Lithium peroxide

From Wikipedia, the free encyclopedia
Jump to: navigation, search
Lithium peroxide
Names
Other names
Dilithium peroxide, Lithium (I) peroxide
Identifiers
12031-80-0 YesY
ChemSpider 23787 YesY
Jmol-3D images Image
PubChem 25489
Properties
Li2O2
Molar mass 45.881 g/mol
Appearance fine, white powder
Odor odorless
Density 2.31 g/cm3[1][2]
Melting point 195 °C (383 °F; 468 K)
Boiling point Decomposes to Li2O
soluble
Solubility insoluble in alcohol
Structure
Crystal structure hexagonal
Thermochemistry
-13.82 kJ/g
Hazards
EU classification not listed
NFPA 704
Flammability code 0: Will not burn. E.g., water Health code 3: Short exposure could cause serious temporary or residual injury. E.g., chlorine gas Reactivity code 2: Undergoes violent chemical change at elevated temperatures and pressures, reacts violently with water, or may form explosive mixtures with water. E.g., phosphorus Special hazard OX: Oxidizer. E.g., potassium perchlorateNFPA 704 four-colored diamond
Except where noted otherwise, data is given for materials in their standard state (at 25 °C (77 °F), 100 kPa)
 YesY verify (what isYesY/N?)
Infobox references

Lithium peroxide is the inorganic compound with the formula Li2O2. It is a white, nonhygroscopic solid. Because of its low density, solid has been used to remove CO2 from the atmosphere in spacecraft.[3]

Preparation[edit]

It is prepared by the reaction of hydrogen peroxide and lithium hydroxide. This reaction initially produces lithium hydroperoxide:[3]

LiOH.H2O + H2O2 → LiOOH·H2O + H2O

This lithium hydroperoxide has also been described as lithium peroxide monoperoxohydrate trihydrate (Li2O2·H2O2·3H2O). Dehydration of this material gives the anhydrous peroxide salt:

2 LiOOH·H2O → Li2O2 + H2O2 + 2 H2O

Li2O2 decomposes at about 450 °C to give lithium oxide:

2 Li2O2 → 2 Li2O + O2

The structure of solid Li2O2 has been determined by X-ray crystallography and density funcitonal theory. The solid features an eclipsed "ethane-like" Li6O2 subunits with an O-O distance of around 1.5 Å.[4]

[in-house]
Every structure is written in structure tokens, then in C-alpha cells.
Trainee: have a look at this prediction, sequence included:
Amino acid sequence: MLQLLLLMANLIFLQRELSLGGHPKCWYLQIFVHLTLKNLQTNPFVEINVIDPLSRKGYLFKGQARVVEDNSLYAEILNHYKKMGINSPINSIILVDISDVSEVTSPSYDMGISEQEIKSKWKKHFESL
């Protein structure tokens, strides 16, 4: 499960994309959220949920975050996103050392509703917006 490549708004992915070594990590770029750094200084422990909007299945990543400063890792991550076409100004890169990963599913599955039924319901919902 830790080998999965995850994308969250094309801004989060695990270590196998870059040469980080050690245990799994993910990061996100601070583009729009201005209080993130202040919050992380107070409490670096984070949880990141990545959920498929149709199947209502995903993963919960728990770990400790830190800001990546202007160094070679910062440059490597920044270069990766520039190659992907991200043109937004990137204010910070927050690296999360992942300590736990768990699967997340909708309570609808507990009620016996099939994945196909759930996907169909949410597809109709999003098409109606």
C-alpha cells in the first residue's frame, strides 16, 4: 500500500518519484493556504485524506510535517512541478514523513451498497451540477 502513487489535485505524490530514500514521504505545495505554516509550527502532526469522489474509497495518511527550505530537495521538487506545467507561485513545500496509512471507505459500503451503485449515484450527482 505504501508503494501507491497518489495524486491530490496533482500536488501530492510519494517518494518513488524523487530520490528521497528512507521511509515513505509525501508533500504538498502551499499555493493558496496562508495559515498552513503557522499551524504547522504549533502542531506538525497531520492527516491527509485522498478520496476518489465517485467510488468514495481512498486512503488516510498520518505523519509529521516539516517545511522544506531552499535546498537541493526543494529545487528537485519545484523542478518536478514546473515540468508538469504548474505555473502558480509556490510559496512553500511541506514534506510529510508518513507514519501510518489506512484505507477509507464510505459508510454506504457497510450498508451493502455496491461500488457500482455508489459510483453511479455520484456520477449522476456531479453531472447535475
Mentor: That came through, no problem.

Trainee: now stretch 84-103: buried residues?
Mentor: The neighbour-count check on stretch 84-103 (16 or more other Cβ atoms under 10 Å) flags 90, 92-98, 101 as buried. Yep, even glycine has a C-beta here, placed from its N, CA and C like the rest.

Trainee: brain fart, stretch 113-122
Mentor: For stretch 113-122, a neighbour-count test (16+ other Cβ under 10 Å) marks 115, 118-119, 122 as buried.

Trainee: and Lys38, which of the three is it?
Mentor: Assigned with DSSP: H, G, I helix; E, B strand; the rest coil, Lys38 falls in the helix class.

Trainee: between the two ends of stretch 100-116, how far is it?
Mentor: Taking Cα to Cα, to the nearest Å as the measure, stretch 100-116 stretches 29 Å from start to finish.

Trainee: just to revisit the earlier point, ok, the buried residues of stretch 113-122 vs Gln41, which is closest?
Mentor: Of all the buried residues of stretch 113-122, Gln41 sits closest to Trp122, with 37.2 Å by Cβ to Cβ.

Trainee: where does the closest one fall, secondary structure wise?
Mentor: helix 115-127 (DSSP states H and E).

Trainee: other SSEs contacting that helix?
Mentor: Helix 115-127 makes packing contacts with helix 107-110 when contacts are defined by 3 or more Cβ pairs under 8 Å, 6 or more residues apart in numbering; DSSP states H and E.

Uses[edit]

It is used in air purifiers where weight is important, e.g., spacecraft to absorb carbon dioxide and release oxygen in the reaction:[3]

2 Li2O2 + 2 CO2 → 2 Li2CO3 + O2

It absorbs more CO2 than does the same weight of lithium hydroxide and offers the bonus of releasing oxygen.[5] Furthermore, unlike most other alkali metal peroxides, it is not hygroscopic.

The reversible lithium peroxide reaction is the basis for a prototype lithium–air battery. Using oxygen from the atmosphere allows the battery to eliminate storage of oxygen for its reaction, saving battery weight and size.[6]

The successful combination of a lithium-air battery overlain with an air-permiable mesh solar cell has recently been announced by Ohio State University.[7] The combination of two functions in one device (a "solar battery") is expected to reduce costs significantly compared to separate devices and controllers as are currently employed.

See also[edit]

References[edit]

  1. ^ "Physical Constants of Inorganic Compounds," in CRC Handbook of Chemistry and Physics, 91st Edition (Internet Version 2011), W. M. Haynes, ed., CRC Press/Taylor and Francis, Boca Raton, FL. (pp: 4-72).
  2. ^ Speight, James G. (2005). Lange's Handbook of Chemistry (16th Edition). (pp: 1.40). McGraw-Hill. Online version available at: http://www.knovel.com/web/portal/browse/display?_EXT_KNOVEL_DISPLAY_bookid=1347&VerticalID=0
  3. ^ a b c Greenwood, Norman N.; Earnshaw, Alan (1984). Chemistry of the Elements. Oxford: Pergamon Press. p. 98. ISBN 0-08-022057-6. 
  4. ^ L. G. Cota and P. de la Mora "On the structure of lithium peroxide, Li2O2" Acta Cryst. 2005, vol. B61, pages 133-136. doi:10.1107/S0108768105003629
  5. ^ Ulrich Wietelmann, Richard J. Bauer "Lithium and Lithium Compounds" in Ullmann's Encyclopedia of Industrial Chemistry 2005, Wiley-VCH: Weinheim. doi:10.1002/14356007.a15 393
  6. ^ Girishkumar, G.; B. McCloskey; AC Luntz; S. Swanson; W. Wilcke (July 2, 2010). "Lithium- air battery: Promise and challenges". The Journal of Physical Chemistry Letters 1 (14): 2193–2203. doi:10.1021/jz1005384. 
  7. ^ [1] Patent-pending device invented at The Ohio State University: the world’s first solar battery.

External links[edit]